To communicate effectively from relationship to relationship and situation to situation, you must understand the communication needs of others.

3. Exercise Precision and Care

A recent engagement underscored for me the importance of exercising care when communicating.

On a recent trip to Ohio, I decided to meet up with an old friend to go for a walk. As we strolled through the soccer park, my friend gently announced that he had something to talk about, he was upset with me. His introduction to the problem allowed me to mentally shift gears and prepare for the conversation.

Shortly after introducing the shift in conversation, my friend asked me why I didn’t invite him to the launch party for my business. He lives in Ohio and I live in the D.C. area.

I explained that the event snuck up on me, and I only started planning the invite list three weeks before the event. Due to the last-minute nature of the gathering, I opted to invite people in the DMV area versus my friends from outside the area – I didn’t want to be disrespectful by asking them to travel on such short notice.

I also noted that I didn’t want to be disappointed if he and others declined to come to the event. So I played it safe in terms of inviting people who were local.

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In the moment, I felt the conversation went very well. I also checked in with my friend a few days after our walk, affirmed my appreciation for his willingness to communicate his upset and our ability to work through it.

The way this conversation unfolded exemplified effective communication. My friend approached me with grace and vulnerability. He approached me with a level of curiosity that didn’t put me on my heels — I was able to really listen to what he was saying, apologize for how my decision impacted him and vow that going forward, I would always ask rather than making decisions for him and others.

Our relationship is intact, and I now have information that will help me become a better friend to him and others.

4. Be Mindful of Delivery, Timing and Messenger

Communicating effectively also requires thinking through the delivery of the message one intends to communicate as well as the appropriate time for the discussion.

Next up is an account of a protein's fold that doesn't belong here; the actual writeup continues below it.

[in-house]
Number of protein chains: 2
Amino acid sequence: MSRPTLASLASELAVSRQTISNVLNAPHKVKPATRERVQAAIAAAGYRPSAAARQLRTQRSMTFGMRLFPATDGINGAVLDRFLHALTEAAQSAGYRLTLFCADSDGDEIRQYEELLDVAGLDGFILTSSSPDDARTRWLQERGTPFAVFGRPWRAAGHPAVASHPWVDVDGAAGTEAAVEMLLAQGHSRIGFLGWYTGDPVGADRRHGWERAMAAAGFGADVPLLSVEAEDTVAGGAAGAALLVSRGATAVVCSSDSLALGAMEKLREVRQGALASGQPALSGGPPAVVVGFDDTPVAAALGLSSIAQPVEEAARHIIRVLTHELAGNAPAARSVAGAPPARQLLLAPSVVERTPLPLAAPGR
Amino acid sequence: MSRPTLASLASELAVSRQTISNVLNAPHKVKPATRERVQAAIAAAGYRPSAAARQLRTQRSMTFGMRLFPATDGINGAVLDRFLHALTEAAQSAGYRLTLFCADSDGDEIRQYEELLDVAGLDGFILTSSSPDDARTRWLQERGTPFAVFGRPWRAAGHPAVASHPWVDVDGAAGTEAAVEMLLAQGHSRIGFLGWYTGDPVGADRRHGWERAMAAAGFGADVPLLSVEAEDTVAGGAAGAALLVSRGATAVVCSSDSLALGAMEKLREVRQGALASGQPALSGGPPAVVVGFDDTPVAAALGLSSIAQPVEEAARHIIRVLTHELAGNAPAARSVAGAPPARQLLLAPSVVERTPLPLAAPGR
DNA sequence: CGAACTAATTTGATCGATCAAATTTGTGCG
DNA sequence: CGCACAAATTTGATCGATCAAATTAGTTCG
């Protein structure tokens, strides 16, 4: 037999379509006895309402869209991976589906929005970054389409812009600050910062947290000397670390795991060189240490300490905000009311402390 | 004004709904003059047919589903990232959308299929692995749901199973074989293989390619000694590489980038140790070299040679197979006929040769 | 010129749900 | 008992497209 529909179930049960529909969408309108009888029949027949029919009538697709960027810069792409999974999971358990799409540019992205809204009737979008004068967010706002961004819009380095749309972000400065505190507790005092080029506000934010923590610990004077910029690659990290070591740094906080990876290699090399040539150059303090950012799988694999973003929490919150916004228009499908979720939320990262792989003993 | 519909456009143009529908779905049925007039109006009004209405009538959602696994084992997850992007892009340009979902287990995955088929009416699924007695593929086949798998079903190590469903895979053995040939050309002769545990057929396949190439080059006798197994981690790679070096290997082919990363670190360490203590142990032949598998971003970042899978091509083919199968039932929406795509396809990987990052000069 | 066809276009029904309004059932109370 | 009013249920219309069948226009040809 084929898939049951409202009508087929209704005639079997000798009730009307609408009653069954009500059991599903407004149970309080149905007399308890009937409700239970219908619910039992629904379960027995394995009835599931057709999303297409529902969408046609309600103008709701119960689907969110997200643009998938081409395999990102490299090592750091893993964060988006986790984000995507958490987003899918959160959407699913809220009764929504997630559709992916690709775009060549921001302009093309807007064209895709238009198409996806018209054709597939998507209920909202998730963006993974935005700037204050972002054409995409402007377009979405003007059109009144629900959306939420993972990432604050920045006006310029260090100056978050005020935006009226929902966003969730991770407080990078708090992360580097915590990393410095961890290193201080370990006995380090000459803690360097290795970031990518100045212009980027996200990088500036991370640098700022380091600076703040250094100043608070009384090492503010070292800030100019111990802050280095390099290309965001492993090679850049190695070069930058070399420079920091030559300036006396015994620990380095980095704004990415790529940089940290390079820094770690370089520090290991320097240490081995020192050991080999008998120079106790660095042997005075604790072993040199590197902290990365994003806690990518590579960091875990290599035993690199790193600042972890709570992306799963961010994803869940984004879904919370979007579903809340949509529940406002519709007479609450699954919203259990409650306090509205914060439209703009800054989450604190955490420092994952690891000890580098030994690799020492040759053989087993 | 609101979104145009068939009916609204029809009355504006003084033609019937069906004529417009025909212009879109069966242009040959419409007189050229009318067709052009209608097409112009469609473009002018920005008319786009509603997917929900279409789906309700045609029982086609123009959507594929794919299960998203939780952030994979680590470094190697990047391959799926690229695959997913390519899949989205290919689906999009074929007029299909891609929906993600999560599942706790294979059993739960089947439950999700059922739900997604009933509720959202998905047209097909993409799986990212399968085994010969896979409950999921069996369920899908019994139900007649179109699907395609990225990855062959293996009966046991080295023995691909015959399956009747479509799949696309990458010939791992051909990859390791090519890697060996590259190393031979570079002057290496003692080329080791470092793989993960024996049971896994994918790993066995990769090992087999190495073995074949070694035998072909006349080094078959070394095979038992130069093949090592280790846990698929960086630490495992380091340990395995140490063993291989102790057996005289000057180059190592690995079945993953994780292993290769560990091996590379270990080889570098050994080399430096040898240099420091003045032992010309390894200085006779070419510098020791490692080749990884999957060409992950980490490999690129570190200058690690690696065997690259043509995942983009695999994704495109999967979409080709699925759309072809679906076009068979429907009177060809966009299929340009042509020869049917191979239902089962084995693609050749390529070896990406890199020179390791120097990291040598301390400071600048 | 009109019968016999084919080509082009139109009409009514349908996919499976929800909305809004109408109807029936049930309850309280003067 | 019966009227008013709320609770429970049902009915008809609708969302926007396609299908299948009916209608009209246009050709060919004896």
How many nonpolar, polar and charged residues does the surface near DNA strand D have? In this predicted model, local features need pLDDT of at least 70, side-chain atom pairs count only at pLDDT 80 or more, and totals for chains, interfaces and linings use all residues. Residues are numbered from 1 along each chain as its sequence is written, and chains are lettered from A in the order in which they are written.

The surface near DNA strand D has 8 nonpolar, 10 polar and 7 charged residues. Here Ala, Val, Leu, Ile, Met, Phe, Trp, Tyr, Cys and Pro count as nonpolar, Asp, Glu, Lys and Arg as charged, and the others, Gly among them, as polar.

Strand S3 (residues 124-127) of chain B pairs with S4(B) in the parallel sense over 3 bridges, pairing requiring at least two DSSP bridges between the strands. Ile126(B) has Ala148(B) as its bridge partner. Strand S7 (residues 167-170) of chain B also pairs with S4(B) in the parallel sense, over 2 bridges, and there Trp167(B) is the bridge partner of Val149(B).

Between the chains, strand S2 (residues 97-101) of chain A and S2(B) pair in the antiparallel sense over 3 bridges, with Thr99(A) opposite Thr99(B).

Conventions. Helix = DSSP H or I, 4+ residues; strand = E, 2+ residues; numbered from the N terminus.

In an Entrepreneur.com column, VIP Contributor Deep Patel, noted that persons interested in communicating well need to master the art of timing. Patel noted,[1]

“Great comedians, like all great communicators, are able to feel out their audience to determine when to move on to a new topic or when to reiterate an idea.”

Communicating effectively also requires thoughtfulness about the messenger. A person prone to dramatic, angry outbursts should never be called upon to deliver constructive feedback, especially to people whom they do not know. The immediate aftermath of a mass shooting is not the ideal time to talk about the importance of the Second Amendment rights.

Like everyone else, I must work to ensure my communication is layered with precision and care.

It requires precision because words must be carefully tailored to the person with whom you are speaking.

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It requires intentionality because before one communicates, one should think about the audience and what the audience needs in order to hear your message the way you intended it to be communicated.

It requires active listening which is about hearing verbal and nonverbal messages.

Even though we may be right in what we say, how we say it could derail the impact of the message and the other parties’ ability to hear the message.

Communicating with care is also about saying things that the people in our life need to hear and doing so with love.

The Bottom Line

When I left the meeting with my dear friend, I wondered if I was replicating or modeling this level of openness and transparency in the rest of my relationships.

I was intrigued and appreciative. He’d clearly thought about what he wanted to say to me, picked the appropriate time to share his feedback and then delivered it with care. He hit the ball out of the park and I’m hopeful we all do the same.

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Featured photo credit: Kenan Buhic via unsplash.com

Reference